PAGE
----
• 8. Re: Guidance needed for building workstations and a workflow around CS5
                        Harm Millaard Level 7

                        The most flexible way is to use a managed switch. That way you can allocate priorities, depending on your need for speed.

                        • 9. Re: Guidance needed for building workstations and a workflow around CS5
                          Colin Brougham Level 6

                          I might be refining my initial workstation building goals quite a bit. Instead of building two new systems, I think I'm going to build one new i7 workstation that will be the primary "editing" rig, and then, since the project already has a Mac Pro running FCP, I'm going to upgrade the OS, GPU and RAM, add a capture card of some sort, install Premiere, and then use that as our "capture/logging" rig. With the Mac, I'll hang an external RAID off of it for raw capture, and then we'll get one of the NAS solutions to use as a near-term archive as we process the footage. Then, I can shuffle footage over from the NAS to the internals on the PC workstation for the actual editing. Since I'm the lead editor on the project, and I'm more comfortable on a PC, and the guy who will be the ***'t editor is more of a Mac-dork, this would work. Any thoughts on this workflow?

                           

                          I've been looking at some of the other more recent threads in which others have laid out their build plans, so I took a crack at picking some pieces over at Newegg. My eyes start to glaze over after looking at this stuff for awhile, and reading user reviews becomes a fruitless endeavor after after too much geek-speak. Talk about making me feel old...at 31! Anyway, if any of you who know your stuff could take a look at this and help me refine it, I would be grateful:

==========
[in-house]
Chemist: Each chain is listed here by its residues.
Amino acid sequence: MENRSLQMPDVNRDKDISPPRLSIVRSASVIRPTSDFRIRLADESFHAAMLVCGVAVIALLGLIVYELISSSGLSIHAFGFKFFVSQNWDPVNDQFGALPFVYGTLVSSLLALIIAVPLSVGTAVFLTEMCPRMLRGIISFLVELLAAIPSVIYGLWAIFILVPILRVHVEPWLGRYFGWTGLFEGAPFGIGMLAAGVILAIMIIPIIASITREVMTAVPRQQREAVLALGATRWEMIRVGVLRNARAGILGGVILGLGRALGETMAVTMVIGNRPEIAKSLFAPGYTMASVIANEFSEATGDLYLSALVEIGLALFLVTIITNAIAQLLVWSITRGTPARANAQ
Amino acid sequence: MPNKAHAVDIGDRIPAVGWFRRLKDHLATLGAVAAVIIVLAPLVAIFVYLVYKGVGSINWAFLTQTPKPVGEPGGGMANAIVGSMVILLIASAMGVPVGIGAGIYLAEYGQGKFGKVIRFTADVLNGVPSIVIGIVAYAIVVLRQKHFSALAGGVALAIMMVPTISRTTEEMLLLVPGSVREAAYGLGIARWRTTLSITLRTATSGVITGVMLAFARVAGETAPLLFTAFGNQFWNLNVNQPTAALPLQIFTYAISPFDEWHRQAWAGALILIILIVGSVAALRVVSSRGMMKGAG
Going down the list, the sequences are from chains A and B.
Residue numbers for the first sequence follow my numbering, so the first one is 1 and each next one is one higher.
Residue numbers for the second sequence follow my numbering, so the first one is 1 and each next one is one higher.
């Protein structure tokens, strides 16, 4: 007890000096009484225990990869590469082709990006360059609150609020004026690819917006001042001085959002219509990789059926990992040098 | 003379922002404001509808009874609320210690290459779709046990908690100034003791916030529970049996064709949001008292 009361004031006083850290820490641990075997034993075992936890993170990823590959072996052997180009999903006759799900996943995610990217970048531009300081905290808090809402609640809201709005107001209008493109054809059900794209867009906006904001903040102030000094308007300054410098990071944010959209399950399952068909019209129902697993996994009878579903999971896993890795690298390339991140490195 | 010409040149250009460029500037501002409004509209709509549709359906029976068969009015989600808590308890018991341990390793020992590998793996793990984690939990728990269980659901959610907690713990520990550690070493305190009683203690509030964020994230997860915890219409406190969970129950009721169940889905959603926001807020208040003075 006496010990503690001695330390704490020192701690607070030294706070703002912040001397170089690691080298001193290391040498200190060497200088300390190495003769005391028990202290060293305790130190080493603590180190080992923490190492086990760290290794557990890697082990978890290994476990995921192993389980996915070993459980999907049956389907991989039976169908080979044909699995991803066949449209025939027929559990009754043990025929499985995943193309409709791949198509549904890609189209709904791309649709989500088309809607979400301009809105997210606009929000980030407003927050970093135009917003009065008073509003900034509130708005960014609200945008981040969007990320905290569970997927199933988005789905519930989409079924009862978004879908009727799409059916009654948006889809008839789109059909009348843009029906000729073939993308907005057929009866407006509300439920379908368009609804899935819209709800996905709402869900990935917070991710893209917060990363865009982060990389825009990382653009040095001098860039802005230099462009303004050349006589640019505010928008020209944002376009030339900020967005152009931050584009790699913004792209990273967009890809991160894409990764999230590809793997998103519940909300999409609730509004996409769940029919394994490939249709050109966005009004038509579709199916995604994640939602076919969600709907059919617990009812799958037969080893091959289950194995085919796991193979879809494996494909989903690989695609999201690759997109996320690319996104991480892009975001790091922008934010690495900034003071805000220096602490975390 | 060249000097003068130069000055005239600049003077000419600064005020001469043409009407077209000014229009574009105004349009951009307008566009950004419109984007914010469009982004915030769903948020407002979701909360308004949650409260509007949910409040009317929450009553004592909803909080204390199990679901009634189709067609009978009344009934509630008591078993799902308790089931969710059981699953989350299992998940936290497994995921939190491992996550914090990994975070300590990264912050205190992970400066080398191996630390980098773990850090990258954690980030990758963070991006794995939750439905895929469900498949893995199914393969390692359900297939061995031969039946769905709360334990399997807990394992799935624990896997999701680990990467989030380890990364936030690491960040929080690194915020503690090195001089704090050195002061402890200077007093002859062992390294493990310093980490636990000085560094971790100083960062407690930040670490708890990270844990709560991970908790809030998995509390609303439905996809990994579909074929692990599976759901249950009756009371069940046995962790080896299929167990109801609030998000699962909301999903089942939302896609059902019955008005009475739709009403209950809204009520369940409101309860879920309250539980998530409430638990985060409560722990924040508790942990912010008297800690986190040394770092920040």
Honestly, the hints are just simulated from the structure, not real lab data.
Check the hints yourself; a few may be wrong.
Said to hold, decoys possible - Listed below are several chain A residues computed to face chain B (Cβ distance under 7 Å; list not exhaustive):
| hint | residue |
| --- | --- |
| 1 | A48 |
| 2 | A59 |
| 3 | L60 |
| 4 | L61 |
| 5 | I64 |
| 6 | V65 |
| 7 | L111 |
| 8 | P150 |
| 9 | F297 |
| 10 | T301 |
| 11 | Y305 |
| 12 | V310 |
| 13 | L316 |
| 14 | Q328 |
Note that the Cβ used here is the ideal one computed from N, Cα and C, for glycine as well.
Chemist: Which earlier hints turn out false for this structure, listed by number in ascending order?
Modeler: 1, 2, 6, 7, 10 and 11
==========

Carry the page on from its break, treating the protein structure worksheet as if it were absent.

Qty.Product DescriptionSavingsTotal Price
                          1
                          LITE-ON 24X DVD Writer Black SATA Model iHAS424-98 LightScribe  Support
                          LITE-ON 24X DVD Writer Black SATA Model iHAS424-98 LightScribe  Support
                          Item #: N82E16827106335
                          Return Policy: Standard  Return Policy

                          $28.99
                          1
                          COOLER MASTER HAF 932 RC-932-KKN1-GP Black Steel ATX Full Tower  Computer Case
                          COOLER MASTER HAF 932 RC-932-KKN1-GP Black Steel ATX Full Tower  Computer Case
                          Item #: N82E16811119160
                          Return Policy: Standard  Return Policy
                          -$20.00 Instant

                          $159.99
                          $139.99
                          2
                          Western Digital Caviar Black WD1001FALS 1TB 7200 RPM SATA 3.0Gb/s  3.5" Internal Hard Drive -Bare Drive
                          Western Digital Caviar Black WD1001FALS 1TB 7200 RPM SATA 3.0Gb/s  3.5" Internal Hard Drive -Bare Drive
                          Item #: N82E16822136284
                          Return Policy: Standard  Return Policy
                          -$10.00 Instant

                          $219.98
                          $199.98
                          ($99.99 each)
                          1
                          Western Digital VelociRaptor WD1500HLFS 150GB 10000 RPM SATA  3.0Gb/s 3.5" Internal Hard Drive -Bare Drive
                          Western Digital VelociRaptor WD1500HLFS 150GB 10000 RPM SATA  3.0Gb/s 3.5" Internal Hard Drive -Bare Drive